I call the Baby Blues hotline and chat half-heartedly with a kind woman named Shelly. I’m visited daily by visions of blood and death, usually involving my daughter.
When the noise startles me from sleep, I surface easily. That the cat? I hiss to my husband, a lump beside me that grunts, shifts. I’m fully awake in the blue dark of our bedroom, tensing every muscle to sharpen my hearing.
Scrape, thwack, whine. Scrape, thwack, whine.
Cold sweat breaks out on my forehead and before I can stop it, a series of image and sound floods my thoughts: a huge silhouette rushes into our room, my infant daughter screams from her crib across the hall.
None of this happens. I will my heartbeat to slow, repeating, That is not real, that is not real. Blood rushing through my head quiets down, and sounds outside my body coalesce into the familiar. It is the cat, batting his cat door back and forth on its hinge. I hear his paws thump onto the porch outside, as he leaps through the opening into the cool fall night.
“There’s an anxiety for everyone,” a chorus of writers in The Guardian announce helpfully. “Are you feeling worried yet? And if you are, can you distinguish worry from anxiety, and regular, bearable anxiety from a disorder?”
I’m pretty sure this is regular, bearable anxiety. But not everyone agrees.
I go to a new mom’s group: dozens of women in a giant activity room near the hospital where I gave birth. We sit on exercise balls and cushions under fluorescent lights.
Listening to one mom describe uncontrollable anxious thoughts within the context of clinical depression, my eyes flood. I struggle to hold back tears, pulling my two month old to my breast.
“Do you need a nursing pillow?” The facilitator turns her keen eyes on me, catches my quavering chin, smiles gently. “No? Look at you, you’re an old pro.”
When I ask her later about my thoughts—sudden images of my car nosing over the line, which never happened, or an SUV T-boning our sedan, which did happen—her voice lowers, and she urges me to get treatment. Then she begins describing another woman’s intrusive thoughts in such gory detail I burst into tears.
I drive home nauseous, and never return to the group. I call the Baby Blues hotline and chat half-heartedly with a kind woman named Shelly. I’m visited daily by visions of blood and death, usually involving my daughter.
“When I am afraid, I will trust in You. In God, whose word I praise, in God I trust; I will not be afraid.” Psalm 56:3-4
I made my own prayer as a child. It was short and simple: Guard us and guide us through the night, Lord, and keep us safe from danger. I’d whisper it into my pillow, then twist the key in my bear’s back, let “The Teddy Bear Picnic” chime me to sleep.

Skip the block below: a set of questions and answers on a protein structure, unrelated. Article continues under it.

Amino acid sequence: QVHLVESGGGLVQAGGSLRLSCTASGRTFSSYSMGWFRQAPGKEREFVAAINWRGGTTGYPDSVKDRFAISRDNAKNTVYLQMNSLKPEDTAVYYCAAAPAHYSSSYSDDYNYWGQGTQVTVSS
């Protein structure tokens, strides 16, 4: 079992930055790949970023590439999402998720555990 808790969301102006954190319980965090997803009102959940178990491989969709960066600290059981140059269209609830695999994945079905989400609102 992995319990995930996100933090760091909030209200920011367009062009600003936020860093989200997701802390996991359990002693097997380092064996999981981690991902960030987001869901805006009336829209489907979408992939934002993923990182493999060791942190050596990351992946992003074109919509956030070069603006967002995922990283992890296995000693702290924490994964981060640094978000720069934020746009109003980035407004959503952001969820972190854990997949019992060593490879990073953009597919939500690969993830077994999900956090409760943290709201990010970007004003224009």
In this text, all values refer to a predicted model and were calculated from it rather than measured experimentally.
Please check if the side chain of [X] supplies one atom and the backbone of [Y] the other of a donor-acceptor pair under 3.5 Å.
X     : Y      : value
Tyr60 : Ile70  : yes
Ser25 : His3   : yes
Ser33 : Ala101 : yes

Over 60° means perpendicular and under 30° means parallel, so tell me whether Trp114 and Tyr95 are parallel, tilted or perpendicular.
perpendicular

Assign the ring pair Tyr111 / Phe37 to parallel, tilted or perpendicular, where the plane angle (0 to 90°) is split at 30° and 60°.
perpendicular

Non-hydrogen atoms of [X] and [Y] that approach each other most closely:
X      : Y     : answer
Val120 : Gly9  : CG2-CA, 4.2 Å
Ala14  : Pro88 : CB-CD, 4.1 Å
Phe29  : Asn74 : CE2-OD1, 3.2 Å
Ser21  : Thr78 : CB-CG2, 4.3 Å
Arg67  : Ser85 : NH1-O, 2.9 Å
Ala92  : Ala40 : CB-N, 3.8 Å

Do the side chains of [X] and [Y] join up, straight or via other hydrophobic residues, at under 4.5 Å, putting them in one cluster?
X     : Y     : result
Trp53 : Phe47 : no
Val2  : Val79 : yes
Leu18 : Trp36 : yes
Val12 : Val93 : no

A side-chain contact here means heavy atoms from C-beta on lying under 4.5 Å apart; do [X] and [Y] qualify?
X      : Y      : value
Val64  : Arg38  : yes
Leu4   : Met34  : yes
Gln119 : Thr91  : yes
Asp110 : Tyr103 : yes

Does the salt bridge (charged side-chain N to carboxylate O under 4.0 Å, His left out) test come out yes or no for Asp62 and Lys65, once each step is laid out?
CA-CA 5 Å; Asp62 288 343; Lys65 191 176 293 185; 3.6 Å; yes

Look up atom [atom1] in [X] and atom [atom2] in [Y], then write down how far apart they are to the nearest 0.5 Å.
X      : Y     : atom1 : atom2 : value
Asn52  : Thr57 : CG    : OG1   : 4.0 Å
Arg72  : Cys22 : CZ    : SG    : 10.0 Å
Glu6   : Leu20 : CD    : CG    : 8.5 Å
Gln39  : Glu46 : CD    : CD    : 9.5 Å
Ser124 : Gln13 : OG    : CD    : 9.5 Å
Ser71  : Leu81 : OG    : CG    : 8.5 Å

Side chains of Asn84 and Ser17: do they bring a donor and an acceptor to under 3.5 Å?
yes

But anxiety was stronger. Its bony fingers slowly unraveled those words until they no longer shielded me. So I added to the prayer. Eventually, I was saying the Lord’s Prayer five times, then the Guard us prayer six, back and forth for hours until I fell asleep.
The Psalms confused me, a mishmash journal of praise and anguish. The writer wrote poems, like I did, and clearly felt fear, like I did. But he lived a far more dangerous life, and seemed confident he could counter his fear with truth, his fearful thoughts with praise.
I couldn’t do that. No matter how many words I piled up like stones, anxiety scaled them and descended on me, hurling bigger and bigger fears.
I’m not sure when I stopped saying the prayer with compulsive thoroughness. I’m not sure when I stopped believing the right combination of words would save me.
I carried fear with me through childhood and into adolescence—sleeping inside at a slumber party while everyone else slept in the treehouse, running from car to front door when my grocery shift ended after dark.
I carried a flashlight. I didn’t carry faith with me, leaving church at fourteen and not returning until well into adulthood.
“Save me, O God, for the waters have come up to my soul. I have sunk in deep mire, and there is no foothold; I have come into deep waters, and a flood overflows me.” Psalm 69:1-2
If there’s a silver lining to being blindsided by a speeding vehicle at three weeks post-partum, it’s the insurance-covered weekly massage. I get a break from the heavy weight of my child in my arms. For an hour, care flows into me instead of out—into the knot of sadness behind my heart, a nest of muscle spasm I don’t have time to tend.
The massage therapist is a tall woman with unplucked eyebrows and a warm smile. “Hmm,” she says when I tell her about the thoughts. “It could be anxiety and depression. And also being a mom.”
She tells me about superheroes, how there’s always a part in the story where they don’t quite have their superpowers under control. It comes out in bursts and fits and starts, and then eventually they learn to command the unexpected, unwanted gift they’ve been given.
My shoulders drop. Maybe I’ll be okay. Maybe there isn’t something so wrong with me it can’t be fixed.
There’s a tree in the park near our house that I like to walk under—a basswood or linden, its flowers used for calming teas. It has a wide, low canopy, and when you’re under it in summer it’s like a wall of green light.
I stood there a lot last summer, my baby in her carrier, and said the shortest, tiniest prayers. They were mostly tears, and the word Here.
As in: Here I am, Lord. Help me.
As in: Here is the child you’ve given me. I love her so much I can’t breathe. I know my thoughts can’t protect her.